Asymmetrical Design for Your Website: Whimsical Beauty Added in the Trends

Asymmetrical Design for Your Website Whimsical Beauty Added in the Trends

One of the crucial parts in building a website is its web design. A website without its web design is like wearing a fancy dress without putting on some make up; your website could go live, but the website would seem lifeless. If you have a business website without having it designed, this could be a lost cause to your business. Why? That is because with web design, it could also determine how long your web visitors will stay interested in your website. With so many designs out there, business owners compete with each other to impress their visitors with their website, so that they could get more potential customers turned into real paying customers through keeping up with the trends. Are you one of the business owners who feels challenged with the trends? Or do you want to be the trend and want to have a better website look? Then, this article is especially made for you!

As time goes by, there are more and more web design trends coming. One of the popular designs that never seem to be out-dated is asymmetrical design. In asymmetrical design, there are designs containing elements that don’t create a mirror image. Although just like the name “asymmetrical”, these asymmetrical designs are, in fact, balanced, but just not through perfectly similar halves. It may be difficult to design it and to achieve the look, but once finished, the result is whimsically so stunning and beautiful. Not only does this design give you perfect harmony or balance, but it can also represent modern and class. The concepts of asymmetrical design are very influential because it has attention-grabbing techniques and imagination-provoking elements in it.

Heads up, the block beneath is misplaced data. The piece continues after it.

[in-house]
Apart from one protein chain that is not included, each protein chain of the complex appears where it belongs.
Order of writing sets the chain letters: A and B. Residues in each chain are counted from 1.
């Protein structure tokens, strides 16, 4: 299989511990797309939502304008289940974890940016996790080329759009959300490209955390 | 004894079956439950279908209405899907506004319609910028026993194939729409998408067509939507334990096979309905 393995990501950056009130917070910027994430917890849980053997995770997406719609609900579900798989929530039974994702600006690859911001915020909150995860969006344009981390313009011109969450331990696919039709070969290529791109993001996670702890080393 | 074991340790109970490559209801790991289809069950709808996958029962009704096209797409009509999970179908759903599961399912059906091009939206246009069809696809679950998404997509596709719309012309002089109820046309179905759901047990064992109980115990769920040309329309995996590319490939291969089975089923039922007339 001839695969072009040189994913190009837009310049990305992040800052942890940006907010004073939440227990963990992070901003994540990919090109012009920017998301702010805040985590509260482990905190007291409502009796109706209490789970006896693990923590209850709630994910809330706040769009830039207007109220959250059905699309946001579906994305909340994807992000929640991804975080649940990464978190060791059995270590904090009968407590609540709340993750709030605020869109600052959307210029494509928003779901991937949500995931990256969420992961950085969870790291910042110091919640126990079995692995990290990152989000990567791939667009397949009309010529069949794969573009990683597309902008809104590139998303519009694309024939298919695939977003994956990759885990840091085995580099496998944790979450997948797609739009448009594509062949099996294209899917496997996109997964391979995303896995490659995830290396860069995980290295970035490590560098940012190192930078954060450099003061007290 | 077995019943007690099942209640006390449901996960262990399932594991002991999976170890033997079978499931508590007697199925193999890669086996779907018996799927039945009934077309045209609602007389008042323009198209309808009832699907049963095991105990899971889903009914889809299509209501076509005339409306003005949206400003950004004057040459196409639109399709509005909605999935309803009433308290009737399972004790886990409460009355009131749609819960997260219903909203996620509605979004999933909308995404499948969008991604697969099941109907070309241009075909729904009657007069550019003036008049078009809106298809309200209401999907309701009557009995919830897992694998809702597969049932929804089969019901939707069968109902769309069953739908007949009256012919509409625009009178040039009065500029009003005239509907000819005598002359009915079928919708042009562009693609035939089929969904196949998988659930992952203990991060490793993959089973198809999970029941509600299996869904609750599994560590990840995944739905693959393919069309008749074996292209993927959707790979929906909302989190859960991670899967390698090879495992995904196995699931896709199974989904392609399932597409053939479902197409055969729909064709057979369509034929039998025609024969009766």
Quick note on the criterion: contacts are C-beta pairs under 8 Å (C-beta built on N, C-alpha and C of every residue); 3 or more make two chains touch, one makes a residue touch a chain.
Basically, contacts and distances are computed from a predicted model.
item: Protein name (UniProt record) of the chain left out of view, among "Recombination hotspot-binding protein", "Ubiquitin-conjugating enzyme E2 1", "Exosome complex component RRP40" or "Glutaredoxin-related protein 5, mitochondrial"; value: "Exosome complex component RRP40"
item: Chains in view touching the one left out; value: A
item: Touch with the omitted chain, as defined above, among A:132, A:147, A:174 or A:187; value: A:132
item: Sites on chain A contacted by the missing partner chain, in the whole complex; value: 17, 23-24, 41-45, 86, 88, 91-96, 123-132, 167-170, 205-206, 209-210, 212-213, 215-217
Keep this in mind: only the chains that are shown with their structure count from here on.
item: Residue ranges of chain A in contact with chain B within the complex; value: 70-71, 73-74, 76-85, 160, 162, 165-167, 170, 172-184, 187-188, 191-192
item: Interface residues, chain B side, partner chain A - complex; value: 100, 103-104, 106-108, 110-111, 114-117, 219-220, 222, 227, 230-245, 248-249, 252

You can ask your designer to mix and match symmetrical and asymmetrical concepts within a design project. If they divide the design into smaller sections there will be parts that contain different types of balance. (Think of panels in parallax scrolling sites or the design of an image within the canvas).

Using space

The concept of minimalism design trend that is good for this design is using so much space for an easier balance of a simple object or image against a larger white or dark background. If there is a balance between white, or negative space, and elements in the design, it should create contrast. This will direct the eye’s movement across the design.

Emphasize motion

Imagine you see a wedding ring falling to the ground. You can already sense the motion. This also applies to the motion you can “feel” in an asymmetrical design. Your eyes will move from the larger, heavier part of the screen to the lighter part, naturally. Overall, this design brings more imagination for you.

You can add focus with colour

Good asymmetrical colour patterns are usually the ones that are high in contrast and colour combinations. You can add bright hues against black or a toned photograph that has bold white typography on top. High colour contrast will be the focus and visual weight to specific parts of the design.

You can create asymmetrical colour combinations by using the colour wheel. Choose the colour combinations that fall outside traditional colour rules for a sense of asymmetry. You can use colour to highlight and emphasize other elements in the asymmetrical outline. Colour “gets along” well with elements such as geometric shapes, typography or even in the background to get the balance.

Creating asymmetrical design may be tough for your designer at first, but if it is done properly with well-planned strategy, the result will be much more beautiful than you can imagine. Your visitors might not even leave your website! If you are interested in using asymmetrical design for your website but haven’t found the designer yet, you can contact us and our team will be ready to help you.

Chatterbox: The Important of Having a Live Chat for Your Website